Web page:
Johnson & Johnson shares fell Tuesday after the company reported adjusted earnings and revenue that topped Wall Street’s expectations, but lowered its sales guidance for its pharmaceutical business.
J&J, whose financial results are considered a bellwether for many health companies, said its sales during the quarter grew 5.6% over the same quarter last year.
The consumer staples giant reported a net loss of $68 million, or 3 cents per share, related to its talc baby powder liabilities and costs tied to the upcoming spinoff of its consumer health business. That compares with a net income of $5.2 billion, or $1.93 per share, for the same period a year ago. Excluding certain items, adjusted earnings per share were $2.68 for the period.
Here’s how J&J results compared with Wall Street expectations, based on a survey of analysts by Refinitiv:
- Earnings per share: $2.68 adjusted, vs. $2.50 expected
- Revenue: $24.75 billion, vs. $23.67 billion expected
J&J slightly lowered its pharmaceutical sales target for 2025 to $57 million, down from the $60 million the company forecast two years ago. J&J executives on an earnings call cited currency dynamics, noting that foreign exchange headwinds had a negative impact of roughly $3 billion in the pharmaceutical business in 2022.
The stock closed nearly 3% lower Tuesday. Shares are down more than 9% for the year through the close, putting the company’s market value at roughly $420 billion.
J&J is now forecasting 2023 sales of $97.9 billion to $98.9 billion, about $1 billion higher than the guidance provided in January. The company raised its full-year adjusted earnings outlook to $10.60 to $10.70 per share, from a previous forecast of $10.45 to $10.65.
CFO Joseph Wolk told CNBC on Tuesday that J&J raised its guidance due to strong growth across all three business sectors — consumer health, pharmaceuticals and medical devices.
“If you think about how we started the year and guidance in January, we were responsibly cautious,” he said on “Squawk Box.” “First-quarter growth was much stronger than even fourth-quarter growth for all three business units, and our positions kind of change to responsibly optimistic at this point. We feel very good about 2023.”
He added that data being produced on J&J’s drug for the cancer multiple myeloma and procedural data in its medical devices unit make the company “feel very, very good about what lies beyond 2023.”
J&J reported $13.4 billion in pharmaceutical sales, which grew more than 4% over the same quarter last year. The company said that increase was driven by sales of Darzalex, a biologic for the treatment of multiple myeloma, and the blockbuster drug Stelara, which is used to treat a number of immune-mediated inflammatory diseases.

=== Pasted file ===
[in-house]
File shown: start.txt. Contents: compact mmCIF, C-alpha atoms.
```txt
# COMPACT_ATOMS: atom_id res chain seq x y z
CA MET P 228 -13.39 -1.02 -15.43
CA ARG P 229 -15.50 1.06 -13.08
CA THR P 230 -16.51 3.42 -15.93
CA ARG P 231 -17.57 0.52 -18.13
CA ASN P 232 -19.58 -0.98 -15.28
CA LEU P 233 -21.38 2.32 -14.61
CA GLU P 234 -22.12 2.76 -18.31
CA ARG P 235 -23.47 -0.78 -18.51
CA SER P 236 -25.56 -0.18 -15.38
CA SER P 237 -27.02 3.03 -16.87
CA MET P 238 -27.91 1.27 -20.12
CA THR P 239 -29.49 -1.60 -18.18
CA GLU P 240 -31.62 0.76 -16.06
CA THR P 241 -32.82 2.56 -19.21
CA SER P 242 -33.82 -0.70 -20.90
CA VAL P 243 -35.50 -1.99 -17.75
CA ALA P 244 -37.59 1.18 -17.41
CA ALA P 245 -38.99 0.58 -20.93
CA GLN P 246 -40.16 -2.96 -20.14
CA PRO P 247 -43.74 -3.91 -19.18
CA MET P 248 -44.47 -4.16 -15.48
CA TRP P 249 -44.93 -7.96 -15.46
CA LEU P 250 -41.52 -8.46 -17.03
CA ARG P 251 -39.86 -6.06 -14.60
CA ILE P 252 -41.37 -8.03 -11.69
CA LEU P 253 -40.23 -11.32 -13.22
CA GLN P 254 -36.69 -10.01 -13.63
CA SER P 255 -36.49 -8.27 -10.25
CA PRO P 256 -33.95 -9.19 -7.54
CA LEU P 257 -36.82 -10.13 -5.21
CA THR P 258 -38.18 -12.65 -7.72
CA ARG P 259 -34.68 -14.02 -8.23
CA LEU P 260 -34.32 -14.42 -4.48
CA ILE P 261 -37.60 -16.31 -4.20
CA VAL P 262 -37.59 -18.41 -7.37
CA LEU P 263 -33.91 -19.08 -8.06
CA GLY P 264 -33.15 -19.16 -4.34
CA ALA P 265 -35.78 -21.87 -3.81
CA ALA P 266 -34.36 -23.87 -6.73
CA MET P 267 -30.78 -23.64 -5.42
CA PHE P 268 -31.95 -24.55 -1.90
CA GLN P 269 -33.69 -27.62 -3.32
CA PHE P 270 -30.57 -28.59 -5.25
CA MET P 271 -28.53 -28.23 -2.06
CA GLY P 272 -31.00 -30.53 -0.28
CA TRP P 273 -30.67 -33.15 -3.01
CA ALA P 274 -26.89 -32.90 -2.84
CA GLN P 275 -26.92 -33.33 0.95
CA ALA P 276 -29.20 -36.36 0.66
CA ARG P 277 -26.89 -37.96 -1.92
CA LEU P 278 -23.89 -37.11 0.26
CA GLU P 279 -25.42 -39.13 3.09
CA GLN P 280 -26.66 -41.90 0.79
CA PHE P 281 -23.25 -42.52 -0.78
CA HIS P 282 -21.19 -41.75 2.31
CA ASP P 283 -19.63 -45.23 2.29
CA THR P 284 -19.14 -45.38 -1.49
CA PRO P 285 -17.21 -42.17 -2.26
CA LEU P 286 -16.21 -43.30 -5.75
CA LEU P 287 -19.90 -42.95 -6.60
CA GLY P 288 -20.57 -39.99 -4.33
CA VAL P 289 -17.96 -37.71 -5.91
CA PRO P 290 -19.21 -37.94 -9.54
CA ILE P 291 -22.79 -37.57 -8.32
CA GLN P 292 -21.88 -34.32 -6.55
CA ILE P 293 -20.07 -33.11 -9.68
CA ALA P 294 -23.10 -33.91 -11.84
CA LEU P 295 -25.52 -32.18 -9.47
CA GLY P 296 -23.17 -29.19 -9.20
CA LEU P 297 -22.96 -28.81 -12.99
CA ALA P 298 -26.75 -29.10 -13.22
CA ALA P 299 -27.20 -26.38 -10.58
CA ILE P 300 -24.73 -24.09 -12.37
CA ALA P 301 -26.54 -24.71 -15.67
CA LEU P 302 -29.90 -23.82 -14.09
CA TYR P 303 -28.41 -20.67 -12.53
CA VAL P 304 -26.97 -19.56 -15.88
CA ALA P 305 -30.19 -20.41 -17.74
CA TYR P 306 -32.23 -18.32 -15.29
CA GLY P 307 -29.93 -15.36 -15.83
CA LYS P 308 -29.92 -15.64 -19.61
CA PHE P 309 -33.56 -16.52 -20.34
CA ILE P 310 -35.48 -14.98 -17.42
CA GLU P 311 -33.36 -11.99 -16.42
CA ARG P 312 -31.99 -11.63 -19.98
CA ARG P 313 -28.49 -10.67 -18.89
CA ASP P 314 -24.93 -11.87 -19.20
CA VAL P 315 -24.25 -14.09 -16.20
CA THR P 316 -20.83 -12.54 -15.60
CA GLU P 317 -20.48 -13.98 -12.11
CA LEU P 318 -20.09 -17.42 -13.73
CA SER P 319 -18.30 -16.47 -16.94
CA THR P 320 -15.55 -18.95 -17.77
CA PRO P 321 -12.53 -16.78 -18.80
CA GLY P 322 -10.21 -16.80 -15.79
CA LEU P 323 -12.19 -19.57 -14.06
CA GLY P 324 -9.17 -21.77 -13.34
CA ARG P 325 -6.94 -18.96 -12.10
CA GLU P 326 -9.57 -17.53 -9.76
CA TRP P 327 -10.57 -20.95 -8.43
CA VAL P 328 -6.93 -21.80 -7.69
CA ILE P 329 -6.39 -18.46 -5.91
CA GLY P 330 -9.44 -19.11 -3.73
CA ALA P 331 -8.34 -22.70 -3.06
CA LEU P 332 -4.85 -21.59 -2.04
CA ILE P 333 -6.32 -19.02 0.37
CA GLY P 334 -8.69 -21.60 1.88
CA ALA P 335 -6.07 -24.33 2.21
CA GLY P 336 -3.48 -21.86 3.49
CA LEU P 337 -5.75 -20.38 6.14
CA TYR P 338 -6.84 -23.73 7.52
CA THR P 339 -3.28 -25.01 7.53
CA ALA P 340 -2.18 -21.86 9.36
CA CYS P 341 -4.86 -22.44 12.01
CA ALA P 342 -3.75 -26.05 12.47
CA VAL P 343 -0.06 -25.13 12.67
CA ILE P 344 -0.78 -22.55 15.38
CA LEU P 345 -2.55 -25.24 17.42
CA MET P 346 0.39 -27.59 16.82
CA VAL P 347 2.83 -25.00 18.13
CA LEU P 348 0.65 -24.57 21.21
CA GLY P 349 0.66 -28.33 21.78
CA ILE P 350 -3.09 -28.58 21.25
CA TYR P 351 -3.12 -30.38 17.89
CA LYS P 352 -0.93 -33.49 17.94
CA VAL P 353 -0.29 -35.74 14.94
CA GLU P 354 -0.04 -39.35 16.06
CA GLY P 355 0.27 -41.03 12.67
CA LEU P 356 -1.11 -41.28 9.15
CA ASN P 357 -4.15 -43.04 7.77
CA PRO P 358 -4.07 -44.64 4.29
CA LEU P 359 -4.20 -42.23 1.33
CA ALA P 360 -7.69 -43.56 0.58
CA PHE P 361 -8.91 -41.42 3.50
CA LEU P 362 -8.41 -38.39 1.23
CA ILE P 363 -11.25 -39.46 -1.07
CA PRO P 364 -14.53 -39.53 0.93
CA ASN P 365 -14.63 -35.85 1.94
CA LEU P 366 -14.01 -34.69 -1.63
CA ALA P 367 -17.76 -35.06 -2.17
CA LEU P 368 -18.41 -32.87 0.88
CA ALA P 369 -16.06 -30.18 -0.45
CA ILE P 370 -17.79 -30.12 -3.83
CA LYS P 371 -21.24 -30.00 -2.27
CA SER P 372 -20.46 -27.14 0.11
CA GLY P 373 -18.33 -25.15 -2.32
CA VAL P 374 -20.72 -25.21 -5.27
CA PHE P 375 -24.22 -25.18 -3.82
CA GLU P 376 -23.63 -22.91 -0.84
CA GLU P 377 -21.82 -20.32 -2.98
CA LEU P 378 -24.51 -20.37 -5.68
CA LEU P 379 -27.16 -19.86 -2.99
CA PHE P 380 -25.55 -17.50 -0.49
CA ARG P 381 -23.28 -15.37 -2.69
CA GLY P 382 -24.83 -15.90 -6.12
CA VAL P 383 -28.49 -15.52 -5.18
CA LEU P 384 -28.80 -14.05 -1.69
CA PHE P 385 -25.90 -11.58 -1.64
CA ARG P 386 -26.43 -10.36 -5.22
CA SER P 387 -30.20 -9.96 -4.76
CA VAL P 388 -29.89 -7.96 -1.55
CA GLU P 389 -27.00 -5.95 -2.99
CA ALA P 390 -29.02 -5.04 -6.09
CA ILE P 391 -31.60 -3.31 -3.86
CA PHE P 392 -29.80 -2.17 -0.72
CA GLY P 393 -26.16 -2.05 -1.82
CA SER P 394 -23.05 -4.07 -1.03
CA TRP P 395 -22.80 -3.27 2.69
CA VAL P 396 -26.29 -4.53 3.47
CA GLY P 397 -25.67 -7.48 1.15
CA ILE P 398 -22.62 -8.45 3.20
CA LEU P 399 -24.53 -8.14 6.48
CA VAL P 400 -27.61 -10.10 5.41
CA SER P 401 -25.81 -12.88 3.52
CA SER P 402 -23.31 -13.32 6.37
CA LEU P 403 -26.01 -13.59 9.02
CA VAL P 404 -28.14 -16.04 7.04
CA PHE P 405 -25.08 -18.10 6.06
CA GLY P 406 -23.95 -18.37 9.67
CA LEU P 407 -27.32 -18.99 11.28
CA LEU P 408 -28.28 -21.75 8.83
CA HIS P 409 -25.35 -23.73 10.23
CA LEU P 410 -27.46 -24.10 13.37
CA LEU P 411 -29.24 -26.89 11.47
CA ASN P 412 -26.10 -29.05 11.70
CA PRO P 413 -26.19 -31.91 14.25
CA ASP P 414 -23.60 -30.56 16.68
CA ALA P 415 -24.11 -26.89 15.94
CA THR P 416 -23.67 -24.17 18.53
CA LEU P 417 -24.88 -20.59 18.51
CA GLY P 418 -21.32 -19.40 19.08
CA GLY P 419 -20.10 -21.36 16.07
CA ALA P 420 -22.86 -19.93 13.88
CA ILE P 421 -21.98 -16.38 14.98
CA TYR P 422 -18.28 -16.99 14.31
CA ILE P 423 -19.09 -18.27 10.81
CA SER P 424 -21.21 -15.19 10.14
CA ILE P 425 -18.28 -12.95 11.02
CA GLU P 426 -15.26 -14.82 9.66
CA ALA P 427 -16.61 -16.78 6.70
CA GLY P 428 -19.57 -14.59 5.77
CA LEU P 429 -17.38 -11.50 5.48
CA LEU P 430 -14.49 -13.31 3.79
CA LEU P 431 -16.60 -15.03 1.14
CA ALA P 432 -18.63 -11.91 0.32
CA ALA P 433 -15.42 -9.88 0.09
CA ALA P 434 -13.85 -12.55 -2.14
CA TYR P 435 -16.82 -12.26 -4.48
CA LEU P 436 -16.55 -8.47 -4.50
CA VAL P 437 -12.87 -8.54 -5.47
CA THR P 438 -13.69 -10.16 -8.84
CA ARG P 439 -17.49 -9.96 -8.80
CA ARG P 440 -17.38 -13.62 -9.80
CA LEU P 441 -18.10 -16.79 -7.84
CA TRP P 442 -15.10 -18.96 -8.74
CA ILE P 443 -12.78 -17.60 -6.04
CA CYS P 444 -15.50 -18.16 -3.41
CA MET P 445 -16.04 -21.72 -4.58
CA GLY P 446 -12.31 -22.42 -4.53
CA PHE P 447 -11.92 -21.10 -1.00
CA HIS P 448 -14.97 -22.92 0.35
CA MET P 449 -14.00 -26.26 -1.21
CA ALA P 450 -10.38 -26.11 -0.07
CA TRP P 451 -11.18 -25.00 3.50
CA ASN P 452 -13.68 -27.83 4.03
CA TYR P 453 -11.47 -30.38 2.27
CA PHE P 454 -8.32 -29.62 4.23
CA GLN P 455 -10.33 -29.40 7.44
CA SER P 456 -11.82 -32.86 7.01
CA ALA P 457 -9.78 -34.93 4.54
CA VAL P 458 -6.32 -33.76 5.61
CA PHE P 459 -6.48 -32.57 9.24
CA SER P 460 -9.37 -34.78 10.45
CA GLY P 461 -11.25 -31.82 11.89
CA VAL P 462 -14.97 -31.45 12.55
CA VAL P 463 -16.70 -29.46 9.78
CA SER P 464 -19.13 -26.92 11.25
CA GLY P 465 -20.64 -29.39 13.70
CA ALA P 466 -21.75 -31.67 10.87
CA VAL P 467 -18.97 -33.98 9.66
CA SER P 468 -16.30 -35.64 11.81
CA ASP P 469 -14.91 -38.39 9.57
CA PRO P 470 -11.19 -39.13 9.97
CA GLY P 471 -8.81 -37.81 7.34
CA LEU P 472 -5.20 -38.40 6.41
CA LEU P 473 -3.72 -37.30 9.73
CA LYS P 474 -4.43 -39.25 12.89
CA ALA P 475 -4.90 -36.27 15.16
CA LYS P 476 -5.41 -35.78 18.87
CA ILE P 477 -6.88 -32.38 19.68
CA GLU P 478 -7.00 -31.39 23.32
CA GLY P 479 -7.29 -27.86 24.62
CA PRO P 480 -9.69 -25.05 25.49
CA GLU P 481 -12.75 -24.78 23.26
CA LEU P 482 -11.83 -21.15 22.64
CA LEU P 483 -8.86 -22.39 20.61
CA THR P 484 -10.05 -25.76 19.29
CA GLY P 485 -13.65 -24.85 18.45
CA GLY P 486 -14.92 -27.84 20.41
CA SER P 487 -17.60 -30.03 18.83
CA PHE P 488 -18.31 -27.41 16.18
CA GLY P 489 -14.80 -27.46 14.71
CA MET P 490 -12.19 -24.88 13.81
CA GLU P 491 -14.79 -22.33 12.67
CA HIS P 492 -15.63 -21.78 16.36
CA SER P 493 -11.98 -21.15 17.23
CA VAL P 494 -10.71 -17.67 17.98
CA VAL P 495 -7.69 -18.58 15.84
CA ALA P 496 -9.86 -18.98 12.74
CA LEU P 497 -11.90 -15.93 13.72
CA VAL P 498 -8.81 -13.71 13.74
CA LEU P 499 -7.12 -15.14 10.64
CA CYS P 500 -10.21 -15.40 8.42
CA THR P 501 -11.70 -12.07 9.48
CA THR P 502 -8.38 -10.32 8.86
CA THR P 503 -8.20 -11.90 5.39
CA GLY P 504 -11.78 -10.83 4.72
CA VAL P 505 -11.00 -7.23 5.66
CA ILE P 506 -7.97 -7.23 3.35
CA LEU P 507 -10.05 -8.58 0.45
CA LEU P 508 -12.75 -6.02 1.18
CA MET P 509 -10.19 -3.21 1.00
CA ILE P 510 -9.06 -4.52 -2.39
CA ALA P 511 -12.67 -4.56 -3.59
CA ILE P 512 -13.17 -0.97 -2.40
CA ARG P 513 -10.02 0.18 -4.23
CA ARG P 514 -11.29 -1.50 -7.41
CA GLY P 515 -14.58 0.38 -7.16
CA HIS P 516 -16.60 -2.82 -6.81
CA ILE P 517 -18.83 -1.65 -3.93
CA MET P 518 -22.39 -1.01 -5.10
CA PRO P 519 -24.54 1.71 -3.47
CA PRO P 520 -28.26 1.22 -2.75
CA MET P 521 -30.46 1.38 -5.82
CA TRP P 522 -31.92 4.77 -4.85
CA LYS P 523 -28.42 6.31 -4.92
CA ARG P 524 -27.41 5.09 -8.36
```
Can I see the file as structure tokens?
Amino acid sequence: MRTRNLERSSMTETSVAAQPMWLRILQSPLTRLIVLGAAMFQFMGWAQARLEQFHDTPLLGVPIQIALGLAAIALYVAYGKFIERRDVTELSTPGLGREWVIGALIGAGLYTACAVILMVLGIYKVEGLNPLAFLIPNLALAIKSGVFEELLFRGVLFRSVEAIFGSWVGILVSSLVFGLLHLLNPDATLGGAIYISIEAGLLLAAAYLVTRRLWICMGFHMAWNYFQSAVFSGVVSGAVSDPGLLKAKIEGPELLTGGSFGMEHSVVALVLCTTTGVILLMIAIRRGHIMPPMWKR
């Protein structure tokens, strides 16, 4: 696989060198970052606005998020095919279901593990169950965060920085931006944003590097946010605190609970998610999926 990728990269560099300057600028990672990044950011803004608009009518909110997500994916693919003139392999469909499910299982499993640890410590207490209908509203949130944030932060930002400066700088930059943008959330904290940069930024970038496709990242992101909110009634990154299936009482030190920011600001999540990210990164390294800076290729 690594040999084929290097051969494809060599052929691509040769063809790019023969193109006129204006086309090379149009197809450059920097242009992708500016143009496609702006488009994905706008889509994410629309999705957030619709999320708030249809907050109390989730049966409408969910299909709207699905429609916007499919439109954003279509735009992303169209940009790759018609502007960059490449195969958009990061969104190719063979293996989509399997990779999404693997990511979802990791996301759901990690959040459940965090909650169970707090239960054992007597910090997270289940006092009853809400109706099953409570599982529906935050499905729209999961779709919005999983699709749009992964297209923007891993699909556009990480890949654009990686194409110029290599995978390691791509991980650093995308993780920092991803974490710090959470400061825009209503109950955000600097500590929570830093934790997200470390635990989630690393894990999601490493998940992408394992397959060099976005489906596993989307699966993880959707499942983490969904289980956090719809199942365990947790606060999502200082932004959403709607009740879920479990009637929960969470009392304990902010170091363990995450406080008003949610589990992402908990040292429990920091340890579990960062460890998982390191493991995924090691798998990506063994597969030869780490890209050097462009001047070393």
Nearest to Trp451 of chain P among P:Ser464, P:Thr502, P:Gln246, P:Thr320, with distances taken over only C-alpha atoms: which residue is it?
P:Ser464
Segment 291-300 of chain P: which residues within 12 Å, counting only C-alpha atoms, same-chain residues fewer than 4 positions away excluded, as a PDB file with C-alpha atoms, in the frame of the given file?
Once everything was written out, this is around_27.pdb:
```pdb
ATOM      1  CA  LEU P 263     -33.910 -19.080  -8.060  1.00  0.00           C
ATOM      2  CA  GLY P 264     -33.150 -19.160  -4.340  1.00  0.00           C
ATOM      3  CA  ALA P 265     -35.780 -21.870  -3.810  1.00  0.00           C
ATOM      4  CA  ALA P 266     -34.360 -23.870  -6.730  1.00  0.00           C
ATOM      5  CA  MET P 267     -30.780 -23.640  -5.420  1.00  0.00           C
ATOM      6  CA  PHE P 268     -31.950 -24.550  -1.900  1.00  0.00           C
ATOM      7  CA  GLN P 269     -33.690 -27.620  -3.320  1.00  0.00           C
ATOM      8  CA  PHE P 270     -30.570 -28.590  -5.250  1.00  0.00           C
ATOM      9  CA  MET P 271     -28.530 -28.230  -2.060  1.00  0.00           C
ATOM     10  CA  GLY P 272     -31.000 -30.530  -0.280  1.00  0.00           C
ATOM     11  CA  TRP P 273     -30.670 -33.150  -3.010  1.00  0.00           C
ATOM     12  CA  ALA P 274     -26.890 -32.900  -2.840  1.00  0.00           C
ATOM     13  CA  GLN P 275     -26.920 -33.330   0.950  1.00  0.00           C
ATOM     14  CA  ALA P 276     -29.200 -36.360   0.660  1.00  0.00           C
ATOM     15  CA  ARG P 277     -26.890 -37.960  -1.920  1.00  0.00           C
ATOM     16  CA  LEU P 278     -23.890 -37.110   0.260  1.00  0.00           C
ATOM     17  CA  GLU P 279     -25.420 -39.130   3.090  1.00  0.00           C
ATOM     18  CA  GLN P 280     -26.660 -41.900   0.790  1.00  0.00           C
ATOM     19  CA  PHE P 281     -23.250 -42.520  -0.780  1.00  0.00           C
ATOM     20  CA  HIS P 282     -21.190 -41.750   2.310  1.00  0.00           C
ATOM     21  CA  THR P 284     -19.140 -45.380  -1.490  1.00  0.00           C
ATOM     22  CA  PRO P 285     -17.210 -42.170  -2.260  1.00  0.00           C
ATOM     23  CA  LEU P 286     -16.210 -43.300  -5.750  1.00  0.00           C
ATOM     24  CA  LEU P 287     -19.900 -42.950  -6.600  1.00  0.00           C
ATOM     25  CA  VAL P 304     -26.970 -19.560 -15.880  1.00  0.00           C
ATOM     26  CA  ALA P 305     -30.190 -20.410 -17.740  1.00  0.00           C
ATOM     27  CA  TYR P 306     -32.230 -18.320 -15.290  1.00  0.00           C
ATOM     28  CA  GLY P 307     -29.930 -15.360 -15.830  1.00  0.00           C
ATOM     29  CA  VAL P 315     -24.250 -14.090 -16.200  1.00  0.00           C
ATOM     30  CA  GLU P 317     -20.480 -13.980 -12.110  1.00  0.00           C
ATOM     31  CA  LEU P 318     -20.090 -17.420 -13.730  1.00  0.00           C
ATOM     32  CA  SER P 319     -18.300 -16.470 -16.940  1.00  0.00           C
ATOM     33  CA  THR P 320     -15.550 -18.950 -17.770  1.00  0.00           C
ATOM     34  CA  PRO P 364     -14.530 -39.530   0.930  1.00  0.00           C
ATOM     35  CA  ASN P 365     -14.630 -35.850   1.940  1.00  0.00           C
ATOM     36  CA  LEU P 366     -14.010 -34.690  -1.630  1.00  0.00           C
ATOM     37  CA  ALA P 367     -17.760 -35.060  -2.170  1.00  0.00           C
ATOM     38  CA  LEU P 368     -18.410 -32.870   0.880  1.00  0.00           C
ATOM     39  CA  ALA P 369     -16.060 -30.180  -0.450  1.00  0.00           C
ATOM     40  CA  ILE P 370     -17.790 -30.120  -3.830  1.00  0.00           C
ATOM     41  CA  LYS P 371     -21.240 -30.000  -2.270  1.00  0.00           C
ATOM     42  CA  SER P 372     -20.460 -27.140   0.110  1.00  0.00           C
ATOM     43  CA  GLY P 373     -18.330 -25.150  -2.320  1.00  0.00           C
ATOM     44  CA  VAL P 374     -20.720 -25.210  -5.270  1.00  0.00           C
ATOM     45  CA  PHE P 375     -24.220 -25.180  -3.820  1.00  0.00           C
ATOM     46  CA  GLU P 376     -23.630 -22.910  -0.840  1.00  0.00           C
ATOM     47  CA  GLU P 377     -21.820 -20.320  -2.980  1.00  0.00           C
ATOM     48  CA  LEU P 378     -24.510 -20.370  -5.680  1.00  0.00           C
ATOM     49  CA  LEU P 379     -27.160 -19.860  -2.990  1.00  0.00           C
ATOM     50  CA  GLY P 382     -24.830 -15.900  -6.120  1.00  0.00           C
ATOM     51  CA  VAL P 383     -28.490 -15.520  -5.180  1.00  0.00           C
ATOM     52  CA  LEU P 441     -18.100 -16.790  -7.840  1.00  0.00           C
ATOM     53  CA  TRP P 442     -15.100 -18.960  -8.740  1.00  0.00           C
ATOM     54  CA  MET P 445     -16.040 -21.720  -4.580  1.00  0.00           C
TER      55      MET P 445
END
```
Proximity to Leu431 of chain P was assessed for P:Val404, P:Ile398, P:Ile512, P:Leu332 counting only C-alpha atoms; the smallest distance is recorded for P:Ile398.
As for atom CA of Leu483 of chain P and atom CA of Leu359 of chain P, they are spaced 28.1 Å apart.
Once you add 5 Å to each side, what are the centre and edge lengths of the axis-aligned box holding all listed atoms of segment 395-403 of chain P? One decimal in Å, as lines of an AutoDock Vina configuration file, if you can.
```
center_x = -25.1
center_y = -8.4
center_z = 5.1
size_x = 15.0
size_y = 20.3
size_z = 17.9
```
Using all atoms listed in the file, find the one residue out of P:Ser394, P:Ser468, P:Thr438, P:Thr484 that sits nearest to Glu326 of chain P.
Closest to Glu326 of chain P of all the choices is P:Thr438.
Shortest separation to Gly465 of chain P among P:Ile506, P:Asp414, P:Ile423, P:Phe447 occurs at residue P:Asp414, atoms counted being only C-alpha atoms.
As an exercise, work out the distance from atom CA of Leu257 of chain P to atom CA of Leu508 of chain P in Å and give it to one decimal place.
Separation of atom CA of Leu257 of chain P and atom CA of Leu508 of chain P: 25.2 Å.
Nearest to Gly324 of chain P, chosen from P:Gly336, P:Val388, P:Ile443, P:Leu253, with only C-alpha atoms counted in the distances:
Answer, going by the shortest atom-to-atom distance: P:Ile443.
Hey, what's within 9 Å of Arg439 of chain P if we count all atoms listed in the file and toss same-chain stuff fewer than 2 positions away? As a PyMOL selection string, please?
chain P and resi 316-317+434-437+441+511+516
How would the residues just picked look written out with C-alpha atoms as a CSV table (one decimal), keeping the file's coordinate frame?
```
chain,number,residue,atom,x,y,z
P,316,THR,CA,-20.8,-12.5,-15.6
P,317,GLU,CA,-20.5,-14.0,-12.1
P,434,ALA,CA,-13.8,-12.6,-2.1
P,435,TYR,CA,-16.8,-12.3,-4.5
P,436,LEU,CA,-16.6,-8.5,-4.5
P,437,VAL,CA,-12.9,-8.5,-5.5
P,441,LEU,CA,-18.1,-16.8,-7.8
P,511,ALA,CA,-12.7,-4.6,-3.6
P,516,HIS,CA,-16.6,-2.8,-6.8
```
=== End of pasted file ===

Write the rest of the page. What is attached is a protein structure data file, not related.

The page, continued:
J&J will lose patent protection on Stelara later this year. During a conference call, Wolk said the company is “committed to growing through the loss.”
Sales for the company’s medical devices business rose to nearly $7.5 billion, up 7.3% from the first quarter of 2022. J&J said its acquisition of Abiomed, a cardiovascular medical technology company, in December last year fueled that rise.
J&J’s consumer health business, which it is spinning off into a separate publicly traded company this year, reported about $3.8 billion in sales. That unit grew 7.4% over the same period last year, primarily driven by over-the-counter products such as Tylenol and skin health products under brands such as Neutrogena and Aveeno.
Wolk told CNBC the company is making “great progress” on the separation of its consumer health business. But J&J hasn’t been clear about when exactly the split will happen.
J&J also announced its board has approved a 5.3% quarterly dividend increase, to $1.19 per share, due to the company’s strong 2022 performance.
The New Brunswick, New Jersey-based company entered this earnings season with its shares on the rise after it offered more clarity on the long-running legal fight over its talc-based baby powder products. Earlier this month, J&J proposed to pay nearly $9 billion over the next 25 years to settle thousands of allegations that its baby powder and other talc products caused cancer.
J&J’s subsidiary LTL Management also refiled for Chapter 11 bankruptcy protection earlier this month after its first attempt was thwarted.
Wolk during a conference call said the company will bring the proposed reorganization plan to bankruptcy court in mid-May. He expressed confidence that claimants will vote to approve the plan, noting that 60,000 claimants have already committed to do so.
The company expects to win over a small but “vocal minority” of plaintiff attorneys who oppose the plan, added Andrew White, J&J’s assistant general counsel.
Wolk continued to deny the talc allegations, calling it “unfortunate” that J&J has to “put dollars towards quite frankly baseless scientific claims.”
Lawsuits allege the company’s talc products were contaminated with the carcinogen asbestos, which caused ovarian cancer in thousands of individuals. Some suits link several deaths to J&J’s talc products.